The only way for research to change the world is if the world knows and cares about it. In This Study Shows, our new podcast, we explore how to connect research with emotions and experiences, transforming the way science is shared.
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Hosted by the brilliant Danielle George and Mary-Ann Ochota, each of our six episodes asks the tough science communication questions: how? why? and so what?
The journey to change someone's mind is a long and winding road. It takes passion, resilience, and hope, as we learn from Juliana Chan, founder of Asian Scientist Magazine, Per Espen Stoknes, author of What We Think About When We Try Not To Think About Global Warming, and James Honeyborne, producer of Blue Planet.
Vulnerability gives us power. Sharing science openly while embracing failure and critique is what makes research strong. Listen to what Rackeb Tasfeye, founder of Broad Science, Chris Banks, Director of Library Service at Imperial College London, and Kathryn Sharples, Senior Open Access Director at Wiley, have to say.
Can laughter and research go hand in hand? Are creativity and imagination central to helping the public understand research? Dominic Walliman, author of Professor Astro Cat, Sophie Scott, neuroscientist and stand up comic, and Sathyaraj Venkatesan, a contributor to Graphic Medicine, are here to say yes.
You're standing in the wings, waiting to take the stage and share your story and your research with the world. Are you scared? After talking with Liz Neeley, Executive Director of the Story Collider, Kat Kerlin, press officer at UC Davis, and Irene Robles, creator of PubHD, we think that fear will turn into excitement.
Our hypothesis: when people have the chance to participate in research, they understand it better and trust it more. Do the secrets to a more engaged public lie with Kolbi Brown, of the NIH's All of Us program, or Els Baeten, a citizen scientist at Galaxy Zoo, or with Sarah McAnulty, the founder of Skype a Scientist?
We've all had those frustrating conversations about whether or not the facts are the facts. Whether arguing over evidence feels like an interrogation or makes you feel like screaming into a pillow, our guests Naomi Oreskes, author of Why Trust Science, Rick Potts, Director of the Smithsonian's Human Origins Program, and Jim Hilbert, of the Expert Witness Training Academy, have tips to help you win over your critics.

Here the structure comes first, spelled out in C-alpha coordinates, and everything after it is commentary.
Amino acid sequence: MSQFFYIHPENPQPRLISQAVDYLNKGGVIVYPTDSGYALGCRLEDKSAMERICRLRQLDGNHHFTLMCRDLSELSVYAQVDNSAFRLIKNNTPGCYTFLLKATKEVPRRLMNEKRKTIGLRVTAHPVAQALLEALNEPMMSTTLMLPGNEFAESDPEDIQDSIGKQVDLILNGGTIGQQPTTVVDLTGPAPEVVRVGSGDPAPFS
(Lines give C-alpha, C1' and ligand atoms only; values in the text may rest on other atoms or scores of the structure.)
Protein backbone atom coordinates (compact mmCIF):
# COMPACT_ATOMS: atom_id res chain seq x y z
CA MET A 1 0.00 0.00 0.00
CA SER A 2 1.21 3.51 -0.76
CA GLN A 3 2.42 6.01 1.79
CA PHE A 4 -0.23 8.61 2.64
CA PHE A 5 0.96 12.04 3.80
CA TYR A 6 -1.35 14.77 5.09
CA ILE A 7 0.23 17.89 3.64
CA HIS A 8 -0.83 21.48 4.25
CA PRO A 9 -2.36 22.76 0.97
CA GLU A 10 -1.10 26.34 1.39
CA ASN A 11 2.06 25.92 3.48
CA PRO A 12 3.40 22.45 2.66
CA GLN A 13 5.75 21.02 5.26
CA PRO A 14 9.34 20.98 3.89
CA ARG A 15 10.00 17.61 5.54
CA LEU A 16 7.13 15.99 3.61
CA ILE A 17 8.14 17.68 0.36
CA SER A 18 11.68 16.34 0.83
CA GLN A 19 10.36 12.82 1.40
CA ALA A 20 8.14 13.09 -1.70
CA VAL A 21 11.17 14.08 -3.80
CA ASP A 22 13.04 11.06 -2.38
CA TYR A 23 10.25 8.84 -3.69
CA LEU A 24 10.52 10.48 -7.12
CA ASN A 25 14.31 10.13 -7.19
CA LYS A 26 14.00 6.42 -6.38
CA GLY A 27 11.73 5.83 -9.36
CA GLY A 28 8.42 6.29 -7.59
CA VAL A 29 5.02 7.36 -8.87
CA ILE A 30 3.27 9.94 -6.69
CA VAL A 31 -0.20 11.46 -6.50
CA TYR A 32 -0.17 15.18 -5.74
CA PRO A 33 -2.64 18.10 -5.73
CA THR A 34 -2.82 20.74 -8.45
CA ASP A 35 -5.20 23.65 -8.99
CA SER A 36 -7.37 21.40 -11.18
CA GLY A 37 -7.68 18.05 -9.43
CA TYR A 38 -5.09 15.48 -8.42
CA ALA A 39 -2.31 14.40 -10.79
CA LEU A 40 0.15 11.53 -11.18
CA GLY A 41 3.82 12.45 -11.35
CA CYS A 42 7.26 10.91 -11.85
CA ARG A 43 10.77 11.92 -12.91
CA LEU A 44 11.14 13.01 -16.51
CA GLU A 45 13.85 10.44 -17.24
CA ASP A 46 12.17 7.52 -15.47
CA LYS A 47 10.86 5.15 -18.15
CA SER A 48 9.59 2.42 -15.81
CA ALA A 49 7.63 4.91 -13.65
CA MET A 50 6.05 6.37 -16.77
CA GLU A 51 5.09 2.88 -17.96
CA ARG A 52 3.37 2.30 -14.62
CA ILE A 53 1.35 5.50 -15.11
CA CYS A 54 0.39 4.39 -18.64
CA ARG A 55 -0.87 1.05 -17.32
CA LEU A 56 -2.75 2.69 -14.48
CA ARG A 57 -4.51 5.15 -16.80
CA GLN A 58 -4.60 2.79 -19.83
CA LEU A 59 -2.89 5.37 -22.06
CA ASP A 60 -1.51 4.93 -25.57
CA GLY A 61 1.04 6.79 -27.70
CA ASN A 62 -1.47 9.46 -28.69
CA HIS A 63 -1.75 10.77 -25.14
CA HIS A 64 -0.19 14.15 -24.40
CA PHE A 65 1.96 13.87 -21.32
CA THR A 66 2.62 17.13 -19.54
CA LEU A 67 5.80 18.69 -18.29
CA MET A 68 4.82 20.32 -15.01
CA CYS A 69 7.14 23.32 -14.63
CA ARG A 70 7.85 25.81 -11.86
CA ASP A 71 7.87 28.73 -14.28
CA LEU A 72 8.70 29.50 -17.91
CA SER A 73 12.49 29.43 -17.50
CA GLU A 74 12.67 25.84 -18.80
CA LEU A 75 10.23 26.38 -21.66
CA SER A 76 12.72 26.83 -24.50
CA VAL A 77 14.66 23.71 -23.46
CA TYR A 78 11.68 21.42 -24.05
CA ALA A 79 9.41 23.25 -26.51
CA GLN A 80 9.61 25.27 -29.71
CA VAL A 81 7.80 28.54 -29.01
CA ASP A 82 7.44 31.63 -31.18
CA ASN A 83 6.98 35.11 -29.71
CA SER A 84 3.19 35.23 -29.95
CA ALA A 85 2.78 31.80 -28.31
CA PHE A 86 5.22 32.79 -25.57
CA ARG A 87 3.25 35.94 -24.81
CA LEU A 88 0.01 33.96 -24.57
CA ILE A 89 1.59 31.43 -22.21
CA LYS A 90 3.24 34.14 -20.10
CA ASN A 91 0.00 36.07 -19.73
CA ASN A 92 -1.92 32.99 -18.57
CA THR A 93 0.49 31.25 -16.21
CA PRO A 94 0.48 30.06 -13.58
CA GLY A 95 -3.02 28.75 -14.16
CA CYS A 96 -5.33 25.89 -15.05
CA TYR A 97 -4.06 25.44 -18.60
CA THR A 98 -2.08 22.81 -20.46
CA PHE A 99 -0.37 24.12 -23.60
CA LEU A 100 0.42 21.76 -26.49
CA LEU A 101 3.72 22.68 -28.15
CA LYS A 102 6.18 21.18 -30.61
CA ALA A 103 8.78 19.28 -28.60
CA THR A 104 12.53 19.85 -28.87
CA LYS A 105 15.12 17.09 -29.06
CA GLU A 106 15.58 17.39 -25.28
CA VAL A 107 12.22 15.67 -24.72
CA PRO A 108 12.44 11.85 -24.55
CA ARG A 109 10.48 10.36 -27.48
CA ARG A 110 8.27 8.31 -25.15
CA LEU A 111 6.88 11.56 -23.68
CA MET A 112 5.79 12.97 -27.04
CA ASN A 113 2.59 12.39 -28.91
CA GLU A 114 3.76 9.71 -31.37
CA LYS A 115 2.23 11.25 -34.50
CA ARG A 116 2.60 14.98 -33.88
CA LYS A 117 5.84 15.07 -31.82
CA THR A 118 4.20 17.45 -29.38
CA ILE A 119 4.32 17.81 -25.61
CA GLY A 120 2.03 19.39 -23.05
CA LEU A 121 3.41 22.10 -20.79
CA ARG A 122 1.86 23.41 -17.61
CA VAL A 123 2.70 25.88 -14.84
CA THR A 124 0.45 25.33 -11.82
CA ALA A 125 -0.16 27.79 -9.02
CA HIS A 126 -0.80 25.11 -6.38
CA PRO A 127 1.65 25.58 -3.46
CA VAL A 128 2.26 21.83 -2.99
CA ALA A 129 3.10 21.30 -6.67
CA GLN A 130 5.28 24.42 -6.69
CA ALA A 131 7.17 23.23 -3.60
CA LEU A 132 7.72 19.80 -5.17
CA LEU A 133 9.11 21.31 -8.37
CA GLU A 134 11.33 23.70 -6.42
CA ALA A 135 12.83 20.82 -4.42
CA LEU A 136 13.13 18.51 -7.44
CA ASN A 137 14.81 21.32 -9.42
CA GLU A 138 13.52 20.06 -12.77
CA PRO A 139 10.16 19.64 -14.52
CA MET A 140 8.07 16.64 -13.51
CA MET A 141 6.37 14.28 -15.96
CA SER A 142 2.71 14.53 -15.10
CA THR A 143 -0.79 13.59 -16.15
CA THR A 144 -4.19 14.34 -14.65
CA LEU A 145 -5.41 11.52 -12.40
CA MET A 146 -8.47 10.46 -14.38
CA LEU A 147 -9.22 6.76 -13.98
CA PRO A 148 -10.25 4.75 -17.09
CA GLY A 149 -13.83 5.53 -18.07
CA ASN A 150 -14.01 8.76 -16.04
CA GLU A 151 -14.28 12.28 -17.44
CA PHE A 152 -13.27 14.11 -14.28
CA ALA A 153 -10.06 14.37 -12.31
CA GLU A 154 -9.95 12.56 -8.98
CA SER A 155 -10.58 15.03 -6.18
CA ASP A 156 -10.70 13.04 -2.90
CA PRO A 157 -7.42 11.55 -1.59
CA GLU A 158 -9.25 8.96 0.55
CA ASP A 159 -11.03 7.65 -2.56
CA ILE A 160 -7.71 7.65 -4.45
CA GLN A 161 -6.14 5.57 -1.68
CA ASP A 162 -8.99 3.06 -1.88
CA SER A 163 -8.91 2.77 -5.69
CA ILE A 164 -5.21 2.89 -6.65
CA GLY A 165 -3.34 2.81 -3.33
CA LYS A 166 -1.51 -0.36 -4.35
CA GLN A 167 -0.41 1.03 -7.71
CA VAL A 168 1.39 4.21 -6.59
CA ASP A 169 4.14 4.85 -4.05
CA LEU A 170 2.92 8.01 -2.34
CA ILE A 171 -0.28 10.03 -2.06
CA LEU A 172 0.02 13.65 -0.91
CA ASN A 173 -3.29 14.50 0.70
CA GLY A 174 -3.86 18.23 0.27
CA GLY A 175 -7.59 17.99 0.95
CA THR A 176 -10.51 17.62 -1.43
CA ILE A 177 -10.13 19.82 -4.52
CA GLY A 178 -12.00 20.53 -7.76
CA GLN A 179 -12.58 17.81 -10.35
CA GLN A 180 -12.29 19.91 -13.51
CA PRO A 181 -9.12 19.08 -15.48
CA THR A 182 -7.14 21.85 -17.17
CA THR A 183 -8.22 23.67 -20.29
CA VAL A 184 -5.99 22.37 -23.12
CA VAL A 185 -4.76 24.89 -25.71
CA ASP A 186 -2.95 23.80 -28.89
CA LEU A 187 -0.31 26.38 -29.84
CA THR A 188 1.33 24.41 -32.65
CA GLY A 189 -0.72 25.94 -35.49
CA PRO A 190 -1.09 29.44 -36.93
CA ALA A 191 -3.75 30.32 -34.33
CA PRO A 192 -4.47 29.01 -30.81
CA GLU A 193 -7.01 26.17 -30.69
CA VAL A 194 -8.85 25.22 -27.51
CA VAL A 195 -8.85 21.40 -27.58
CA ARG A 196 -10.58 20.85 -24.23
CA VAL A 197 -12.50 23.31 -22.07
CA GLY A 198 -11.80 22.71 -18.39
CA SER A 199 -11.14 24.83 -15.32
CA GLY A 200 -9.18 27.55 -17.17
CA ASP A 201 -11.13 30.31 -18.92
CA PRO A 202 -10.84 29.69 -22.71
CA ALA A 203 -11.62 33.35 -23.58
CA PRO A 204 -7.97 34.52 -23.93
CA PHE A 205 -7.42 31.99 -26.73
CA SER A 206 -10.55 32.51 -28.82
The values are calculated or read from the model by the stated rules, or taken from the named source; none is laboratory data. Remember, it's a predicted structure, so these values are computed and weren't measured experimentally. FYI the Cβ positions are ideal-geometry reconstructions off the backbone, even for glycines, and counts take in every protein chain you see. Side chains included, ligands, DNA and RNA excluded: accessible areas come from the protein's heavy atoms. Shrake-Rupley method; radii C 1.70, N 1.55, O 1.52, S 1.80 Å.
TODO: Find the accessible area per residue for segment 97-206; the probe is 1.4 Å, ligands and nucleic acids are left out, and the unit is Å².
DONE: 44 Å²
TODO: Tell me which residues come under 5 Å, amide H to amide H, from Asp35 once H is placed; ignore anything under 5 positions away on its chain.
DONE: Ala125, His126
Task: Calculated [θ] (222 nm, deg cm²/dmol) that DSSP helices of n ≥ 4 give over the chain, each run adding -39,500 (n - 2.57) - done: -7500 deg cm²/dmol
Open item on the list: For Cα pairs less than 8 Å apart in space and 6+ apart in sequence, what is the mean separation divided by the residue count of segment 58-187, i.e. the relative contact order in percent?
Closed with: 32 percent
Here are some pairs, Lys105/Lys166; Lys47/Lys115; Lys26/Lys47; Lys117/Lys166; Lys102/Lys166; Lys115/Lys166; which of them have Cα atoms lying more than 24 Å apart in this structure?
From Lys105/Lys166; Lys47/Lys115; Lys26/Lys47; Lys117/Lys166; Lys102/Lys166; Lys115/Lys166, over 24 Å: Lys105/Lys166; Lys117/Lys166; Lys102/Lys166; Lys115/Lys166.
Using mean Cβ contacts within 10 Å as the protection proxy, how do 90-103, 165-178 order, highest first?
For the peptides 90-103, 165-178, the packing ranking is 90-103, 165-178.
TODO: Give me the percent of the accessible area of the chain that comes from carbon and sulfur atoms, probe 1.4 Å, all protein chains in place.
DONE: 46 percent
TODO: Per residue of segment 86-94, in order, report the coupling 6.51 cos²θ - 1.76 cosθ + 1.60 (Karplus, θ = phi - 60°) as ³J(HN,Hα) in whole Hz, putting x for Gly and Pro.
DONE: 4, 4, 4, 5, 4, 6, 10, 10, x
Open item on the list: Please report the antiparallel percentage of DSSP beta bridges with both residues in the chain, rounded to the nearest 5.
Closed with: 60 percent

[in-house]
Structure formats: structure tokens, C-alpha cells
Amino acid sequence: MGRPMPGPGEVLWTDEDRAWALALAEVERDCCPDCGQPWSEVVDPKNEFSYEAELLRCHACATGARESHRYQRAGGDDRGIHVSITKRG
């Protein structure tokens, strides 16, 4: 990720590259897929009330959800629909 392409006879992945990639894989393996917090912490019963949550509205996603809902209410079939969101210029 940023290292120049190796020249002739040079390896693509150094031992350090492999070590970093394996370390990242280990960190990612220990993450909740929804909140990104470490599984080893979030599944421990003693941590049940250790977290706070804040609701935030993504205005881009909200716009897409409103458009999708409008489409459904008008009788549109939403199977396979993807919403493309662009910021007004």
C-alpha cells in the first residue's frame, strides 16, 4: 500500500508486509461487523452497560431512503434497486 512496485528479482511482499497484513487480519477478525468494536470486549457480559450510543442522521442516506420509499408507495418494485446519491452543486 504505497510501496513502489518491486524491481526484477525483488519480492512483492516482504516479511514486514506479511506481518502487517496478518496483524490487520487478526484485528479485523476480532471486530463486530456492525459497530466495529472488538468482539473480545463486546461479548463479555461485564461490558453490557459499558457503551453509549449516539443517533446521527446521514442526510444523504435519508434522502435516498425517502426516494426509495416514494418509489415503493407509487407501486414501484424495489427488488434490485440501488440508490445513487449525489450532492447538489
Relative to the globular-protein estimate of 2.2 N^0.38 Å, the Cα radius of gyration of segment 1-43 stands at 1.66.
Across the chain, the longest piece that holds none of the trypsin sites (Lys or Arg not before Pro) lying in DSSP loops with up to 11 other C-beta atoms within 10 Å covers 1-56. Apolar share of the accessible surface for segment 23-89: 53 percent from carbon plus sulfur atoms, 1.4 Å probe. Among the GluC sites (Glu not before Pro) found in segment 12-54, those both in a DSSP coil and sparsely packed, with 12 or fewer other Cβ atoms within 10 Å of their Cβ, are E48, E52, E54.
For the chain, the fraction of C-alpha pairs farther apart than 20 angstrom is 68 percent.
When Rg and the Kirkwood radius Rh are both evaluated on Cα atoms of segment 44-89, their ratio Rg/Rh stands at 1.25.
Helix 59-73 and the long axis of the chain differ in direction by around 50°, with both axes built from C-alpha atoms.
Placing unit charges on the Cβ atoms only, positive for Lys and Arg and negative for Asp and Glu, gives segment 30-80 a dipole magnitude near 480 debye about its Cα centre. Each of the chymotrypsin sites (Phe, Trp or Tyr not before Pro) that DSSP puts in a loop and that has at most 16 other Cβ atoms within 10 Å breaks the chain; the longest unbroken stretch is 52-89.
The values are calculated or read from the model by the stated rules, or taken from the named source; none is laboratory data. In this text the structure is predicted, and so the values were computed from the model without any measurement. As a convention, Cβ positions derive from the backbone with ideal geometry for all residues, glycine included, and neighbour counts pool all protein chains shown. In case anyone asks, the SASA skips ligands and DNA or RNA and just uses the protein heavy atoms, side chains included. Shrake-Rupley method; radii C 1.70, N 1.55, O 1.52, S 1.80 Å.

We explore how empathy and trust can lead to more effective science communication during the COVID-19 outbreak. When science communication has a direct impact on our health and well-being, how can we make sure it has an impact?
If “facts are facts,” why don’t they hold up against skepticism or doubt? Maybe because we need to find the emotional truth inside all of that data. Featuring Mona Chalabi, a data editor from the Guardian US, Tali Sharot, a neuroscientist from University College London, and David A. Kirby, a science communication professor from California Polytechnic State University.
I do not think that word means what you think it means! When there’s a gap between what we mean and what is understood, it’s time to think about the words we’re using. Featuring Dr. Martin Glynn, a criminologist from Birmingham City University, Dr. Sophie Arthur, a science communicator and blogger behind Soph Talks Science, and Theo Sanderson, the inventor of the Up-Goer Five Text Editor and a geneticist at The Francis Crick Institute.
Ideas are the “once upon a time” of the research process. If we think of research as a story, and scientists as the heroes, will we be able to build trust? Featuring Cailin O’Connor, a philosopher of science from the University of California – Irvine, Dr. Friederike Hendriks, a science communication researcher from the University of Muenster, and Will Storr, author of The Science of Storytelling.
You never know who will ask the question that inspires the next great discovery. Research can help solve big problems, and there’s no way to do it but together. Featuring Rhiannon Morris from Unique Scientists, Stephanie Dolrenry from Lion Guardians, and Stephan Lewandowsky from the University of Bristol.
Governments, publishers, and the public, oh my! We’re on a winding road of impact, and if we want research to influence real-world change, we’ve got to find friends along the way. Featuring Kirsty Duncan, Canada’s Minister of Science and Sport, Jay Flynn, Chief Product Officer from Wiley, and Valorie Aquino, an anthropologist and co-Chair of the March for Science.
After all these episodes, I hope so. But when you’re trying to do a million things, sharing your story can fall to the bottom of the heap. Featuring Henry Dick, a geophysicist from the Woods Hole Oceanographic Institution, Jennifer Cutraro, the founder of Science Storytellers, and Mike Morrison, a psychology Ph.D. candidate from the University of Oxford.